Epson MovieMate 60 Projector Review
General Screen Recommendations
My first recommendation – if you can, use a screen. Failing that, any white or off white wall will do. The closer to a neutral white, though, the better your color will be. Better a light, neutral gray, than a very bright with yellow caste. In a pinch a white sheet kept taut will do the job.
With a real projection screen, unlike most off-white walls, the color is inherently right on, (give or take small variations).
A good screen also will have a wide viewing cone (the area to sit where the picture looks best. A wall will hotspot a lot more.
A compromise between the two, for your DIY types – use a wall paint such as Goo.
You can mask out an area, paint it, then even paint a black border around it if you like. I’m not a big fan of screen paint, and last I looked there was still a bit more hotspotting than with a screen. That said, the screen paints are supposed to be a lot better than your basic home wall paint when it comes to hot spots, etc.
You can get pull down screens starting around $100. (Although $200 is more typical with major brands). Warning though, you’ll have to pay a good chunk more though to get a pull-down screen with tensioning. Let me put it this way. If you go pull-down screen, and actually plan to lower and raise it a lot, get tensioning, or it won’t last you very long at all. Without tensioning, soon you’ll end up with wrinkles, really waves, and they are extremely distracting when you watch.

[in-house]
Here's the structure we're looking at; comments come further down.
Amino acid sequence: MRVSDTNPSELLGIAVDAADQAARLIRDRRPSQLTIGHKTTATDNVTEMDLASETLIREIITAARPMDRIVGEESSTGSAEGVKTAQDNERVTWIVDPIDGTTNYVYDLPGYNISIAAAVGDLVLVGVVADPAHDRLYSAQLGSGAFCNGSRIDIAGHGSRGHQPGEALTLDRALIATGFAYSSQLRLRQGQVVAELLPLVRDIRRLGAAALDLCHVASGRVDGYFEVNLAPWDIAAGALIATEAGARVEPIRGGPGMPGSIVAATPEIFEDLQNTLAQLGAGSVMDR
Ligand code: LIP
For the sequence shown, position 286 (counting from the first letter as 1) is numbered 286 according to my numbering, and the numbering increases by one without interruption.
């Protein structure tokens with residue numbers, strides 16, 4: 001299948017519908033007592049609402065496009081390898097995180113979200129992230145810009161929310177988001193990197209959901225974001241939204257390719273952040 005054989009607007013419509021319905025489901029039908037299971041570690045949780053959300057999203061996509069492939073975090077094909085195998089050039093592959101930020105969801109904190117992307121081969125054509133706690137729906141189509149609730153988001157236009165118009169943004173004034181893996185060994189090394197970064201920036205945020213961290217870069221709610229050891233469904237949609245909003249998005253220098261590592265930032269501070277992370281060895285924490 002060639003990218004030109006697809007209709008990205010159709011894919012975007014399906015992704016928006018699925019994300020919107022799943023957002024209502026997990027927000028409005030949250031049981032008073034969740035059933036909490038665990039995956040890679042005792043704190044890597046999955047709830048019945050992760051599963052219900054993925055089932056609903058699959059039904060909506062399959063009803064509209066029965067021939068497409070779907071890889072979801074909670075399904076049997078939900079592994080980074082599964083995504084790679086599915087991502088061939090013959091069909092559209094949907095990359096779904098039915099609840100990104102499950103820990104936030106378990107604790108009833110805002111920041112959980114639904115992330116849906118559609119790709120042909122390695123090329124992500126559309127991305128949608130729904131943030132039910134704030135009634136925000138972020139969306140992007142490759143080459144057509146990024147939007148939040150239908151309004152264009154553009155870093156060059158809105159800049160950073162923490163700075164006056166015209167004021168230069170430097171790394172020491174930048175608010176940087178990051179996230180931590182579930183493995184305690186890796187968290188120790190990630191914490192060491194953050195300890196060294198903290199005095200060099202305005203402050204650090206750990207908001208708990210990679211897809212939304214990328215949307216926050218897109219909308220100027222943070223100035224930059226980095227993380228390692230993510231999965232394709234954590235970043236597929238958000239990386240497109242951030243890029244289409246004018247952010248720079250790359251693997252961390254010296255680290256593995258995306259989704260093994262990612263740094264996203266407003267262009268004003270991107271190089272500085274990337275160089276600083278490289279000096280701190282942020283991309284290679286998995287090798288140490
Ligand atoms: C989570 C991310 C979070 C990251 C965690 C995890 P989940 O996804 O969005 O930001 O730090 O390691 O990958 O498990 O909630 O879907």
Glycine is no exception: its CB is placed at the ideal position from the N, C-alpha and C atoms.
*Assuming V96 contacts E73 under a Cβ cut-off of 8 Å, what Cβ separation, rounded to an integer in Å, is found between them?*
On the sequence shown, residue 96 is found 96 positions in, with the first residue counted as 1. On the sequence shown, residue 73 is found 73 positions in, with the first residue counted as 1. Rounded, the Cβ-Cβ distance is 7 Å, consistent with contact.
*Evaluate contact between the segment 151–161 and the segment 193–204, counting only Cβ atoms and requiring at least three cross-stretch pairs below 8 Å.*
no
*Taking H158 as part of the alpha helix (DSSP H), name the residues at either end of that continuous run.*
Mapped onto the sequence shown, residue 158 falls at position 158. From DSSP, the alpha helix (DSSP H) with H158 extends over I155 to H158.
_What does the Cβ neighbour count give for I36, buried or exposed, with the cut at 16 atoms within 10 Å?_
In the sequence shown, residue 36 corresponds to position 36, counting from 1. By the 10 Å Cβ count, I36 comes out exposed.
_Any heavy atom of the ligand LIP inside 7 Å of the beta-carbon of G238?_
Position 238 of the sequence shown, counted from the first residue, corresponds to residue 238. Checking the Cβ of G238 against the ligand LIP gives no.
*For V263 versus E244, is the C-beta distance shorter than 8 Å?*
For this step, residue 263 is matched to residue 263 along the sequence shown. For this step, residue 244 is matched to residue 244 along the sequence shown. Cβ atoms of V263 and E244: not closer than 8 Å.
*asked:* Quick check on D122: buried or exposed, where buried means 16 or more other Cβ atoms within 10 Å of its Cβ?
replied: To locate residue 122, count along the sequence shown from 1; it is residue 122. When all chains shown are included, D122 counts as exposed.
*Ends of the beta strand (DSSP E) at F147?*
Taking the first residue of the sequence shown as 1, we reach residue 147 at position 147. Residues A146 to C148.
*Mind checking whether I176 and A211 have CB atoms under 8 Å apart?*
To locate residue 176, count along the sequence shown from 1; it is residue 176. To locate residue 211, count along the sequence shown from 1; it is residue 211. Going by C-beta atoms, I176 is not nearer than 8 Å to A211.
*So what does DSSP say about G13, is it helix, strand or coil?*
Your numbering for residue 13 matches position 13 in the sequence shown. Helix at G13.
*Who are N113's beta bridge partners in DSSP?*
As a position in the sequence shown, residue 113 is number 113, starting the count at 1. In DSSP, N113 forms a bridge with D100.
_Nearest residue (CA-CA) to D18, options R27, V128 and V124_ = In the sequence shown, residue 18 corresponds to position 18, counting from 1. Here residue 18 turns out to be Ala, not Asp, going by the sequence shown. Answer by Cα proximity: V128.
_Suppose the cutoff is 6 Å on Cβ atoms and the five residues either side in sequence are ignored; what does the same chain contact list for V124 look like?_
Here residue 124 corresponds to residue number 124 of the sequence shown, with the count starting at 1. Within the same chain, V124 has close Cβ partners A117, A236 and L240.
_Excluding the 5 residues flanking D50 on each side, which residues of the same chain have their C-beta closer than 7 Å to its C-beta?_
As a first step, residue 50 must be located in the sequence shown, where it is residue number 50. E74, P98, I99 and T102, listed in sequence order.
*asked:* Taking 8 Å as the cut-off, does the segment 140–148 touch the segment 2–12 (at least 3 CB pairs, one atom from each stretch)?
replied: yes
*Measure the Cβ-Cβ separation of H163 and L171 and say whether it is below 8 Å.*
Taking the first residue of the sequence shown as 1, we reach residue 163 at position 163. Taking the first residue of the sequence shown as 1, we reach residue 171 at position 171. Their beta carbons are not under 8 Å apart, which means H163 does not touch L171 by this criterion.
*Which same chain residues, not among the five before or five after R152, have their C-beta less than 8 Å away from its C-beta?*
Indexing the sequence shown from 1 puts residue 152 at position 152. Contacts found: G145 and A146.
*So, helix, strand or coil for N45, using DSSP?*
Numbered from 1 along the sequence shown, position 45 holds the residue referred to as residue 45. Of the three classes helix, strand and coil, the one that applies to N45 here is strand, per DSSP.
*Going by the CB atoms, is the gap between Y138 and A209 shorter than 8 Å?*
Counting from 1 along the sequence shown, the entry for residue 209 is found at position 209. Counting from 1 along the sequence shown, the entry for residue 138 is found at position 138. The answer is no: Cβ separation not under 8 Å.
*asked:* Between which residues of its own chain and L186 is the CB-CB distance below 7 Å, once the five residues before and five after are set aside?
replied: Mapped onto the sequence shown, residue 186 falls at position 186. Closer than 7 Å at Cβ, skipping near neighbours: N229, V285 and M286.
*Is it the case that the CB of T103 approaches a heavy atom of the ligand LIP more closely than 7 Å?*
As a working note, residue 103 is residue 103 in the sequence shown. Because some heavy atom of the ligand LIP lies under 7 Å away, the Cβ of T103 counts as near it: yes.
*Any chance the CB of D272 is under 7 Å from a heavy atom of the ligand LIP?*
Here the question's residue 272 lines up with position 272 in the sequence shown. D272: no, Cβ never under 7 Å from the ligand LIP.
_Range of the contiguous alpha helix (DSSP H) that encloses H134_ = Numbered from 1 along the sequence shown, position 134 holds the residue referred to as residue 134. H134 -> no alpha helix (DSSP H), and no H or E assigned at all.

Fixed wall screens are theoretically the best, and stay nice and flat, but they cost more, typically starting around $400 but most major brands in the $500 – $700 range. With a portable like system, somehow, pairing it with a fixed wall screen seems less likely, but, perhaps in that bonus room?
You can also find pull-up and tripod stands. Epson offers up a tripod stand called the Duet. It is adjustable in width so you can set it for 16:9 or 4:3. It works well, we commented on it in a review of an older MovieMate, a couple of years ago. It sells for $149.99 (MSRP) from Epson, and might be less from a dealer.
The screen is a relatively small 80 inch diagonal in 16:9 mode, which combined with the large amount of lumens the MovieMate 60 cranks out, makes for some good viewing, even with a fair amount of room lighting.
Most folks will just want a pretty standard screen surface – a typical white with slight gain, say 1.1 – 1.4 gain. Still if you want to attempt to eliminate some washout from side lighting, you can go with a high contrast gray surface, which almost all screen manufacturers make.
Finally, the MovieMate pairs beautifully with those inflatable outdoor screens. I’ve got one, and while I haven’t used the screen in a while, I did use it with a previous MovieMate. It’s a killer combination, and the MovieMate has lots of lumens for those big inflatables.
You May Also Like
Check out our 2015 Holiday Projector Shopping Guides
BenQ MX631ST Short Throw Projector Review
Sony MP-CL1 Pico Laser Projector Review
NEC M363W Projector Review
Millennials and Projectors: The Epson PowerLite Home Cinema 730HD
BenQ HT4050 Home Theater Projector Review
The Optoma ML750 LED Projector – Review Part 1
Sony VPL-FHZ65 Laser Projector Review